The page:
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Archives and Special Collections

The Archives of Biddle Law Library preserves, promotes, and provides access to the archives of The American Law Institute (ALI), and the National Bankruptcy Archives (NBA), as well as a collection of rare books, manuscripts, and Penn Law historic records.

**Beginning 3/07/2022 Biddle Archives will be reopening for on-site research visits. Please allow two weeks notice for scheduling research appointments.

Background Information

What is an archives?

An archives is a repository that houses materials of enduring value. Similar terms you might have heard include the singular “archive,” “manuscript repository,” or “records center.”

What’s in an archives?

Archives can contain any unit of enduring historical, research, or evidentiary value. These items include letters, memoranda, photographs, meeting minutes, publications, and organizational material.

What’s in Biddle’s archives?

The Archives of the Biddle Law Library contains a mixture of personal papers (also referred to as “manuscript collections”) and organizational records. 

How are archives organized?

Unlike traditional reference and circulating collections, archival collections usually consist of unpublished material. Furthemore, most of this material is unbound and has not been indexed. For these reasons, organization of archives can very greatly from collection to collection, depending on the organizational behaviors of those people who maintained the collections prior to donating them to the archives. 

How are archives housed?

Due to the likelihood of loose leaf papers, archival collections are generally contained in file folders. File folders are placed into boxes.

How are archives described?

Identifying each and every letter in an archival collection is both time-consuming and counterintuitive to the part-to-whole relationship of archival collections. Therefore, archival materials are generally grouped according to broader categories called “series.” For example, one series in a collection might be “Correspondence,” while another series in the same collection might be “Meetings,” and so forth. Series can be divided into “subseries,” too; for example, the “Correspondence” series may include the subseries “Personal” and “Professional.” Series are grouped based on anticipated relevance to the researcher.

Where to Search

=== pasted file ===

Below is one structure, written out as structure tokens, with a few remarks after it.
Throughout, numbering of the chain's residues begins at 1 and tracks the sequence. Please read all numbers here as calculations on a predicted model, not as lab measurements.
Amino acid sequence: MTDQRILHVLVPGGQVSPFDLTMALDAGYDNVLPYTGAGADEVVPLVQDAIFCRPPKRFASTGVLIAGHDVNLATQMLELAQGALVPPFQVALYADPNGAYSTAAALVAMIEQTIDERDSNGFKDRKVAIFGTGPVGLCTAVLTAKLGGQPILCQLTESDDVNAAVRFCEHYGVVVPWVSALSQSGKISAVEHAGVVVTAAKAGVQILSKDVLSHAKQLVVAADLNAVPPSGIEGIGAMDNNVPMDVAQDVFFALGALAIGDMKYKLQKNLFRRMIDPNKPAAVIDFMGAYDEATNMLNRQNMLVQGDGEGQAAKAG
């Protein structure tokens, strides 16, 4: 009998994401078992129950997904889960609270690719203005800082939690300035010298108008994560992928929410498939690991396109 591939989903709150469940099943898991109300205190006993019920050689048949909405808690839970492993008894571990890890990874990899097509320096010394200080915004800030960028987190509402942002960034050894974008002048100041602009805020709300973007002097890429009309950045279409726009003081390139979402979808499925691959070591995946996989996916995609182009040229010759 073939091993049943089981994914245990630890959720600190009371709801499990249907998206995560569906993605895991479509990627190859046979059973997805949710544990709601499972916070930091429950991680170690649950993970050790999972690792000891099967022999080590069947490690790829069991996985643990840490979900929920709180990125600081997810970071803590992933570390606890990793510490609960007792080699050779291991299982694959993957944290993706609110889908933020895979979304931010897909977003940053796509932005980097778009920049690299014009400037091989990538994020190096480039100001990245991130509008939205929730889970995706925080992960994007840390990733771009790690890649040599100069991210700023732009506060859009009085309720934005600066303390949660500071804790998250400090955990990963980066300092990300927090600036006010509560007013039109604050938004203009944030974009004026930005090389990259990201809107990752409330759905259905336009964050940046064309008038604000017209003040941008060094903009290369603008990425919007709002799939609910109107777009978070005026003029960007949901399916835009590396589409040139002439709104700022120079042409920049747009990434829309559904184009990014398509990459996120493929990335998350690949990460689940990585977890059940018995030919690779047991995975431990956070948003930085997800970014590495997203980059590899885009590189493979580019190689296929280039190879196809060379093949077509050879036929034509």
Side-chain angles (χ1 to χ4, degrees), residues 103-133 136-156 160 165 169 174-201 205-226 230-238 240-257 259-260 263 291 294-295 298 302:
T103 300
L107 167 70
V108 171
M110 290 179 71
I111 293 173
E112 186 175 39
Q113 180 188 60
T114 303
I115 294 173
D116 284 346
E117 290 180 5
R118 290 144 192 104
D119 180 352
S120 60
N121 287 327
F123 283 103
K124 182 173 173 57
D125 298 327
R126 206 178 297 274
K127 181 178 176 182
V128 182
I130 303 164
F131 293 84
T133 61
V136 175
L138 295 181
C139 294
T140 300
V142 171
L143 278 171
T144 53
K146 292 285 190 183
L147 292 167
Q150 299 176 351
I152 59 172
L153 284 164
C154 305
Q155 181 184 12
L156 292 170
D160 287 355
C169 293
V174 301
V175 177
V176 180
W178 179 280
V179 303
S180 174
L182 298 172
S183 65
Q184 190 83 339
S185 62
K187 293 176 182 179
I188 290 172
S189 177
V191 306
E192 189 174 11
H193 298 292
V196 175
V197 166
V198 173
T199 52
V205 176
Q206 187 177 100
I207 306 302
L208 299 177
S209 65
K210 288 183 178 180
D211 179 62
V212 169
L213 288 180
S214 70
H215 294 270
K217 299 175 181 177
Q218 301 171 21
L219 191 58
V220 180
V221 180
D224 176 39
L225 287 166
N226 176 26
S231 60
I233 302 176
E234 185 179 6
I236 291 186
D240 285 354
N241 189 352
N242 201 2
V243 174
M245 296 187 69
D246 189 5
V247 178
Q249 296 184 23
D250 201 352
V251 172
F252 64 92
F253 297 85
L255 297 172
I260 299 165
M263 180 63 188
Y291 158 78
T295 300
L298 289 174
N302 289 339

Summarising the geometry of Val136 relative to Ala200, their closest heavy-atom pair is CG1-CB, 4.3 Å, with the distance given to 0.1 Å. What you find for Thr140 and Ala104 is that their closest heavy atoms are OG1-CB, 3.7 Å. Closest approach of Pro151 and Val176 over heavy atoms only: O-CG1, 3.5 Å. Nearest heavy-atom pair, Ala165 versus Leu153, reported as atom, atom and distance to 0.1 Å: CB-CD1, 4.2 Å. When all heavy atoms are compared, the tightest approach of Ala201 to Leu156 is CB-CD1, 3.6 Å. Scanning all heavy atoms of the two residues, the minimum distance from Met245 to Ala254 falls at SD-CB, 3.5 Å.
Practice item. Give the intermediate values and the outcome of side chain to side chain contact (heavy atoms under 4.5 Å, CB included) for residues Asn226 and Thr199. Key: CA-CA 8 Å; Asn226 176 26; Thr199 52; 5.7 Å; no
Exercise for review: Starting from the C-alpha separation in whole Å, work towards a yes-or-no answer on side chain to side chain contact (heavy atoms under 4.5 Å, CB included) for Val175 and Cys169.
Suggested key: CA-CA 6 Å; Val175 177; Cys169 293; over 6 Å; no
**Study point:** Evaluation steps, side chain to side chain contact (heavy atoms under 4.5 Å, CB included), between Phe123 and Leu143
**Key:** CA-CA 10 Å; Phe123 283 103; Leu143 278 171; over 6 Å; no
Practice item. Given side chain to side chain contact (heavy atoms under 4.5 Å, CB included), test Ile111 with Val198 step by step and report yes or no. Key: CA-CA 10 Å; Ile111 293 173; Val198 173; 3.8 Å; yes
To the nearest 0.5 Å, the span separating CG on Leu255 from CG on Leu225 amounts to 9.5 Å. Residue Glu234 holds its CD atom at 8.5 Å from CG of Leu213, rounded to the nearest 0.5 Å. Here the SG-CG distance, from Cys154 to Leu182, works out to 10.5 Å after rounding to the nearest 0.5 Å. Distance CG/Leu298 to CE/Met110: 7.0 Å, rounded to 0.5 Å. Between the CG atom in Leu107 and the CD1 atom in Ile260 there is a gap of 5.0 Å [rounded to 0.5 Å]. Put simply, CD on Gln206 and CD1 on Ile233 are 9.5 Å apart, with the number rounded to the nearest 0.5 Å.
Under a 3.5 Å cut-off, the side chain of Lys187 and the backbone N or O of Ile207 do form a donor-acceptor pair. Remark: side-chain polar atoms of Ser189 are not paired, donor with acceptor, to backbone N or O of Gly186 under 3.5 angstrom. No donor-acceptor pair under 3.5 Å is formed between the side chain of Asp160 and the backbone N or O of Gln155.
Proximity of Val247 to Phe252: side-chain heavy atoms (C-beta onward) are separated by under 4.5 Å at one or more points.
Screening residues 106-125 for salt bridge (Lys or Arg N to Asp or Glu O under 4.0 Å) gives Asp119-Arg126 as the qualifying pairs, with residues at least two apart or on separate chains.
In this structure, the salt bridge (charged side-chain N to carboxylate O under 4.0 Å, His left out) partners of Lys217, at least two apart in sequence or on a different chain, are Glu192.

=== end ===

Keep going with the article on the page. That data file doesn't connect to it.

Where to find archival collections at the Biddle Law Library: ​

  • ​Rarebooks and the Trent Collection
    • The rare books and the Trent collection can be found within the Biddle Library catalog LOLA​.
  • Archival collections can be searched via Penn's online catalog of finding aids.
    • ​If you choose to do a keyword search, it will include collection's outside of the Biddle Law Library. ​​
  • Oral histories can be found on the Biddle Library Archives and Special Collections website, through the NBA collection page, the ALI collection page, or the Legal Oral Histories Project page.

How to do Research in an Archives

Archival research generally follows the process of traditional historical research methods. Requests are made to the archivist, who retrieves materials and presents them to the researcher. The researcher sits down at the table with a box and proceeds to comb through folders, identifying items of relevance. At the end of the session, the archivist and the researcher discuss photocopying requests if necessary.

Why should I conduct research at an archives?

Virtually all substantial historical scholarship has come from the use of primary, or archival, materials. While the consultation of journals, treatises, and mongraphs provides much useful information, those organs are essentially interpretations of the historical record. Any researcher who is serious about making a substantial contribution to the realm of academic scholarship should consider consulting archival materials in an effort to present a fresh interpretation of past events.

How to Use a Finding Aid

Using a finding aid is your first step to accessing an archival collection. Finding aids are essentially "road maps" to a collection, in other words, they provide you with the necessary information for identifying collections or parts of a collection that are relevant to your research. 

Steps for using a finding aid:

  1. Read the abstract, the scope and contents, and the biographical or administrative history to get a sense of what is in the collection.
  2. Note any restrictions on the collection.
  3. Look at the inventory list.
  4. Write down the box numbers, folder numbers, and series numbers you would like to see.
  5. Note whether the collection is part of the National Bankruptcy Archives, American Law Institute, Manuscripts, or Penn Law Historic Records.
  6. Email the Biddle Archives Department to make an appointment or if you have any questions about the archival finding aid or the collection it refers to.